Master Mason Degree: The Illustrated Lecture
The introduction of this lecture deals specifically with the building of King Solomon’s Temple. The ritual says that, “This magnificent structure was supported by 1453 columns and 2906 pilasters, all hewn from the finest Parian marble.”
Scripture is silent on the number of columns and pilasters and the belief that Parian marble was used is certainly perplexing. Parian marble comes from Paros and would require a long voyage across the seas to be delivered to Jerusalem. The Old Testament speaks only of the transportation of the lumber from Lebanon. Such a great undertaking as importing marble from Paros would be a point of pride and it is odd that such a detail is not included in the Hebrew traditions. Therefore, this belief is a Masonic development.
The lecture gives the following numbers for the workers at the temple:There were employed in this building, 3 Grand Masters, 3,300 Masters or overseers of the work, 80,000 Fellow Crafts, and 70,000 Entered Apprentices, or bearers of burdens.” While the three Grand Masters are not specifically referred to with that title in the Bible, King Solomon of Israel, King Hiram of Tire, and Hiram Abif are the three main characters in the construction of King Solomon’s Temple. It is interesting to note that King Solomon was a Jew, King Hiram a Phoenician, and Hiram Abif a man of mixed birth (as discussed earlier in the paper). This lays the foundation for the idea that Masons need only to believe in a Supreme Being and not in a specific doctrine. Because at least one man (and probably two, depending on which of his parent’s religions Hiram Abif accepted) who was intimately involved in building King Solomon’s Temple was not a Jew, it would be absurd for Masons to limit their membership to one religious discipline when the allegory which they base their order on contains men of different religions.Also, three different nationalities of men were employed as craftsmen during the project. 1 Kings 5:18 says, “The craftsmen of Solomon and Hiram and the men of Gebal cut and prepared the timber and stone for the building of the temple.” So the construction of the temple was certainly a multicultural affair. This certainly provides an excellent allegory on which the universal Brotherhood of Masonry can base its teachings.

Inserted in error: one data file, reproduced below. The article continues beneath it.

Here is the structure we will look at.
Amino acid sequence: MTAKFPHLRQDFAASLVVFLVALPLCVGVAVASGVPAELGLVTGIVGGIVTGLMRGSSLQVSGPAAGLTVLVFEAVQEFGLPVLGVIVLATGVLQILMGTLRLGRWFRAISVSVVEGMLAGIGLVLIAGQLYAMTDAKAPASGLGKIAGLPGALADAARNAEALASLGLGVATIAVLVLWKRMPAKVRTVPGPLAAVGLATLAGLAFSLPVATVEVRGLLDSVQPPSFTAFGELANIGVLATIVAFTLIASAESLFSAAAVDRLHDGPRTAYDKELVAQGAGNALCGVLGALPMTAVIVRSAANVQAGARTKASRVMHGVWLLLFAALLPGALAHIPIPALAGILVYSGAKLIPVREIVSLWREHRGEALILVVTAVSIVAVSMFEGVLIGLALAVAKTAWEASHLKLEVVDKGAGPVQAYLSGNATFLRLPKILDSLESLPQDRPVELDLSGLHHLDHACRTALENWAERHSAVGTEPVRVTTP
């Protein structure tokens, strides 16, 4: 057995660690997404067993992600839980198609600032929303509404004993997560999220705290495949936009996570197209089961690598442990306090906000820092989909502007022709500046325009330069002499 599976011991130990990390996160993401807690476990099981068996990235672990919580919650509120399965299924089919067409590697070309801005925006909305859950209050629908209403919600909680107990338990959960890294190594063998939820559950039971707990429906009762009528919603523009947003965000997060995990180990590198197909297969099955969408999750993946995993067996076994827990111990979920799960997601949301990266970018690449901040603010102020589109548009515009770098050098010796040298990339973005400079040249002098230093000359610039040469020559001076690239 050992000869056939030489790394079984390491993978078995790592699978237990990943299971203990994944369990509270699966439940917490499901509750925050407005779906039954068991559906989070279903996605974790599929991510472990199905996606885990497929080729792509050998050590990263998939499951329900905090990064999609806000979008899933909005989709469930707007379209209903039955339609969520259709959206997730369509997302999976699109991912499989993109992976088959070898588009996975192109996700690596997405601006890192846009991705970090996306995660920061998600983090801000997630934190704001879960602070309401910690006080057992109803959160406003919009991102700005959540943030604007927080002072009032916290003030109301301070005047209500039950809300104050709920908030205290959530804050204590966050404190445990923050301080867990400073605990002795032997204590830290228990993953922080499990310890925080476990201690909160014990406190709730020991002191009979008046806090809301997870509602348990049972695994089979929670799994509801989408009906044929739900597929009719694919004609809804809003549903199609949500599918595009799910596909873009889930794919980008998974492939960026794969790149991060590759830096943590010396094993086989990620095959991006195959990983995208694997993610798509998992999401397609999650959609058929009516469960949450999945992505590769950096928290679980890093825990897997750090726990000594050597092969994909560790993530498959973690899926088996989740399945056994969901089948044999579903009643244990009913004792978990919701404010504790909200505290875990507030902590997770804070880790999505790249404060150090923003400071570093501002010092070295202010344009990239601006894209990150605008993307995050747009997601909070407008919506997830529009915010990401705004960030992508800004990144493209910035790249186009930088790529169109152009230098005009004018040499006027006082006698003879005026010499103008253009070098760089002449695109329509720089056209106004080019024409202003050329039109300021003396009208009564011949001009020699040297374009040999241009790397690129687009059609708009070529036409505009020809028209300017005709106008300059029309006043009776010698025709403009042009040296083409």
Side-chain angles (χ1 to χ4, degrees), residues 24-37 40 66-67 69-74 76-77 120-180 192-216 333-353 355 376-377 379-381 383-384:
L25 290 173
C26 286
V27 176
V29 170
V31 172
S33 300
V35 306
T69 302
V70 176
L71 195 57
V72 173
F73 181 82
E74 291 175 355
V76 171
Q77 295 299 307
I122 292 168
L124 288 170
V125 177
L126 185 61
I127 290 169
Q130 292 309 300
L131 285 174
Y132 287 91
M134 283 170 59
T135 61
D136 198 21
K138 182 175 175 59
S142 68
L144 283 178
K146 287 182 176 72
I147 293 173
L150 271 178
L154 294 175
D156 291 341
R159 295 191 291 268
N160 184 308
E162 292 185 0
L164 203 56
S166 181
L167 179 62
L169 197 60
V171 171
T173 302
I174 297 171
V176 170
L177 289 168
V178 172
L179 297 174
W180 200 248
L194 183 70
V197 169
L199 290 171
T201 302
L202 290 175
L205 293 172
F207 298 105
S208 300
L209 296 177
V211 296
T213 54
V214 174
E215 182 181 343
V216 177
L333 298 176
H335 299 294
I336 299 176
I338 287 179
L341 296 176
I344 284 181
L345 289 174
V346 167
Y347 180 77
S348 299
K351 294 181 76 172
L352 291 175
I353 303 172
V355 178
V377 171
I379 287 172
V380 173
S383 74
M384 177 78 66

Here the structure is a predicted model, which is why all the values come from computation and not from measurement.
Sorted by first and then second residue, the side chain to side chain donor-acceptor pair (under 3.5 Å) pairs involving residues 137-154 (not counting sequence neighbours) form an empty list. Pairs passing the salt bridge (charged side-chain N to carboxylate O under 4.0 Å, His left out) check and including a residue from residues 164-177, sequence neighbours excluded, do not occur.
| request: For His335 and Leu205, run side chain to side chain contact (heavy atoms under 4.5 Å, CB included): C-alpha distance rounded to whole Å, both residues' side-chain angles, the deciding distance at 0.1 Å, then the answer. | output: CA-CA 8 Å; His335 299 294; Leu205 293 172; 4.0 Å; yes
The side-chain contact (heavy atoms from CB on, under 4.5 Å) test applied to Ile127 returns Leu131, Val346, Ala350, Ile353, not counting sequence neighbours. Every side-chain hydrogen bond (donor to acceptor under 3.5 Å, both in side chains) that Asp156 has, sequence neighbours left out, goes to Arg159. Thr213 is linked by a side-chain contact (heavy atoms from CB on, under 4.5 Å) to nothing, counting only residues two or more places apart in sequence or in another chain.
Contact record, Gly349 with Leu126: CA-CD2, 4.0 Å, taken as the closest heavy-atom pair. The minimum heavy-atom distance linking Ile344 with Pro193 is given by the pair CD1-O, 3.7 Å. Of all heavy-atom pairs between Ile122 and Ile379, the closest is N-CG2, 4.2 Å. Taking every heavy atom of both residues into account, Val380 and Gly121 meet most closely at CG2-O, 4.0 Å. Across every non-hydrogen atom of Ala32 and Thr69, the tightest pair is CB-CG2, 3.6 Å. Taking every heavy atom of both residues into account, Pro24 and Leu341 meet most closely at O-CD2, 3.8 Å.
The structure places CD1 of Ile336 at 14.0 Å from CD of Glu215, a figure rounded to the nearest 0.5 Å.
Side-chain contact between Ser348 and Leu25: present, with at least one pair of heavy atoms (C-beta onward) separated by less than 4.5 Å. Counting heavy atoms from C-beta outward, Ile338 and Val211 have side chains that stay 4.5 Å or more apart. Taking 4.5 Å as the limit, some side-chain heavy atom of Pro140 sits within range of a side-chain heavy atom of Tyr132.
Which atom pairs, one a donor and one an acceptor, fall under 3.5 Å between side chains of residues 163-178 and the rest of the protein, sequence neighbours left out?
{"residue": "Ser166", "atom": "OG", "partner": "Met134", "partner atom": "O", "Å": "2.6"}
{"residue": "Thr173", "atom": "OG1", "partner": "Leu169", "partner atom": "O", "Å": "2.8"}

The book of 1 Kings confirms the number of Master Masons, Fellowcrafts, Entered Apprentices employed during the building of the temple. 1 Kings 5:15-16 reads, “Solomon had seventy thousand carriers and eighty thousand stonecutters in the hills, as well as thirty-three hundred foremen who supervised the project and directed the workmen.” 2 Chronicles gives thirty-six hundred as the number of Master Masons employed. This is doubtlessly an error from passing the tale through oral communication.
The Masonic account of the construction of King Solomon’s Temple presents an interesting weave of Biblical information and Masonic tradition. If a Mason took the ritual at its word and assumed that it borrowed only from the Old Testament and neverinvented any part of the story to enhance its symbolic meaning, he would be quite mistaken. While the ritual borrows liberally from the scriptural accounts of the project, it definitely invents a number of facts relating to the building of the temple.
However, despite the discrepancies between Masonic ritual and the Bible, perhaps the most intriguing information presented by the Biblical account of King Solomon’s Temple is the universal nature of the group of craftsmen who constructed the building. More than one-hundred fifty thousand men are said to have labored on the temple. These men were of different races and creeds and constituted the craft which symbolizes our modern Masonic assemblies. They were united to build a temple to Deity, one that would become the envy of architects. It appears that perhaps the modern craft and that ancient assembly weren’t so different after all.
Parian Marble, Wikipedia, http://en.wikipedia.org/wiki/Parian_marble.